If you're even mildly interested in entrepreneurship (aka you have an internet connection and have watched at least half an episode of Shark Tank), you're probably familiar with the Entrepreneurial Influencer.
The Gary Vees, the Tony Robbins, the Tim Ferris.
The "just fucking work bro", the motivators, the "all is possible through Hustle™" ra-ra evangelists.
Don't get me wrong, these guys are great, and necessary. They've all accomplished incredible things. Tim Ferris masterminded today's nomad movement, and Gary Vaynerchuk's message of work ethic is painfully needed in an increasingly entitled culture.
However, before you drink the kool-aid and dive into the wonderful world of struggling entrepreneurship, here are a few realities your grand mama (and YouTube subscription never told you about entrepreneurship.
1. It can get incredibly lonely
The early days of entrepreneurship are always the same, no matter who you are.
It's you, a couple of cofounders and early employees (maybe) hammering away at an idea with the hope that it'll some day manifest into something big. You're going to war day to day on a hunch with a few other folk in the exact same place as you.
Yes, often being in the trenches is wonderful and it feels like a platoon of soldiers slowly breaking enemy ground together.
On the other hand, it feels like a platoon of soldiers slowly breaking enemy ground together.
Tunnel vision is a serious thing, and you'll very quickly be so immersed in this one idea with a few select people you'll start to lose balance.
As an entrepreneur, you'll have to put hours in that your friends won't. More importantly, you'll find that work never really turns off, and socializing becomes more of an occasional distraction than a part of your routine.
(One of our cofounders at ContentFly recently found himself at a nightclub in Barcelona answering customer support tickets)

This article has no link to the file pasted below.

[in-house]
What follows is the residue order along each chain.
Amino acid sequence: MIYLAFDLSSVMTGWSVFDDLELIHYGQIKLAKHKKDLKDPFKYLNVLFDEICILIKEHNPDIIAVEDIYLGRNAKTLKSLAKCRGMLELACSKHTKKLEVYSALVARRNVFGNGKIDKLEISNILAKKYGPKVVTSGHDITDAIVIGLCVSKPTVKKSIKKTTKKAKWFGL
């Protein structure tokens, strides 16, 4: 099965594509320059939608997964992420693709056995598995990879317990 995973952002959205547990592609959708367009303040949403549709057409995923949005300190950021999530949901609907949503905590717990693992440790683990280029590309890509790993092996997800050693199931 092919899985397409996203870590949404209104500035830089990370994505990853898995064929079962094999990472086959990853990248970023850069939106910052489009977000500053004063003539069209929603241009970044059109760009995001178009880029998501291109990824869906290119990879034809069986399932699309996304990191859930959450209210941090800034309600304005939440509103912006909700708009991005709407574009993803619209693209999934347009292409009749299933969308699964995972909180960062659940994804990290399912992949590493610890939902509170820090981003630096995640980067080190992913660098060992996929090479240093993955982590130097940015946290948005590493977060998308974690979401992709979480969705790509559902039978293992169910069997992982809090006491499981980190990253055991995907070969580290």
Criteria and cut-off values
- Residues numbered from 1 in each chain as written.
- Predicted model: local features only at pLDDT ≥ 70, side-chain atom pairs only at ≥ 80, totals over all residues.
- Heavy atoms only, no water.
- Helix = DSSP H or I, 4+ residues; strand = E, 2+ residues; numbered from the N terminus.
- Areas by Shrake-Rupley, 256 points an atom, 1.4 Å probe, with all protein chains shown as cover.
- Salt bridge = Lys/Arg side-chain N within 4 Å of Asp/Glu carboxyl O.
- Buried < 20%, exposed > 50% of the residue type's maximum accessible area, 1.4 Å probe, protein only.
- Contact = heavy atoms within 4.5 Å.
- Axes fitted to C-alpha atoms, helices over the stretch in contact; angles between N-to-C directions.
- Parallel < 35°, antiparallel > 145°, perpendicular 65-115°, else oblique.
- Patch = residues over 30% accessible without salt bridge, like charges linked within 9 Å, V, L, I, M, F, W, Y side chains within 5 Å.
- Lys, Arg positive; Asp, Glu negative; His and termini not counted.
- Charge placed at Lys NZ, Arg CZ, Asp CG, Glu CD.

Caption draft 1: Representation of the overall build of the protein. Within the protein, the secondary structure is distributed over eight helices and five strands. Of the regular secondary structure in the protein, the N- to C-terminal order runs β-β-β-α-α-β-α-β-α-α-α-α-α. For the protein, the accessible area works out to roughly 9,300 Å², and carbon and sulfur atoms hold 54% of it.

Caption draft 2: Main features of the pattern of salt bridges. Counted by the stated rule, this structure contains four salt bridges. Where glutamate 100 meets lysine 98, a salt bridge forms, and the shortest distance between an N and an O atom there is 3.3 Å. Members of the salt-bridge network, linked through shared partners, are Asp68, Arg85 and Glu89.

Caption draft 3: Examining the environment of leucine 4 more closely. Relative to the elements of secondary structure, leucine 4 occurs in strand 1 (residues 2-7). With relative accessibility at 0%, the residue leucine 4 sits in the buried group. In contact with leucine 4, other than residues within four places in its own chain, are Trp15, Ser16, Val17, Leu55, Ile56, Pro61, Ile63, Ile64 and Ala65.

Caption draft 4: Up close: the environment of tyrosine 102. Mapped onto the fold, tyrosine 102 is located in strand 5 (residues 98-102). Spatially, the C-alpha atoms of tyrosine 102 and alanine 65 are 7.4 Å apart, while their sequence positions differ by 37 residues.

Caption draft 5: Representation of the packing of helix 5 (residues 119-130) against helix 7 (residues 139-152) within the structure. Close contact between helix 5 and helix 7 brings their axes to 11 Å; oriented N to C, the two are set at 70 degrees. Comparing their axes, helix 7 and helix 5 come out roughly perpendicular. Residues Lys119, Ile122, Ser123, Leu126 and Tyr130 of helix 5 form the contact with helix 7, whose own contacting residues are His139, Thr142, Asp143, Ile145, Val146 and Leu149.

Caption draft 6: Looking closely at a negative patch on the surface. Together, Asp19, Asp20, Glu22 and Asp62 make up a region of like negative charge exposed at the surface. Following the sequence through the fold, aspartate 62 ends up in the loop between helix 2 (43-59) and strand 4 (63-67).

The fact is, no matter how hard you try, the journey of entrepreneurship requires sacrifice. When looking at Maslow's hierarchy of needs, you won't really be able to sacrifice much from basic necessities - food, water, sleep, etc.
Where you really end up sacrificing is in your social life. And that gets lonely when the dopamine of a Big Idea isn't fuelling you.
2. You will make a crap ton of bad decisions
So many good decisions have to happen for a company to become something big. If you look at the histories of even the most prolific companies you'll find at least half a dozen times in their history where a slightly different decision would have led to catastrophe.
The flip side to this, is that for every 1 good decision you make, prepare to make another 3 bad ones.
Entrepreneurship isn't like other career paths - there isn't a guidebook. You usually can't Google it. At best, you can get some vague guidance from your mentors and go at it with your best.
And sometimes when your brain is ringing with thoughts of all the red on your balance sheet, those decisions can go extra bad.
Most entrepreneurs, especially young/new ones, don't have a clue what they're doing. Every day is a brand new day of "well what the hell do I do now?" and often times, you won't even know if you made the right decision or not many months/years down the line.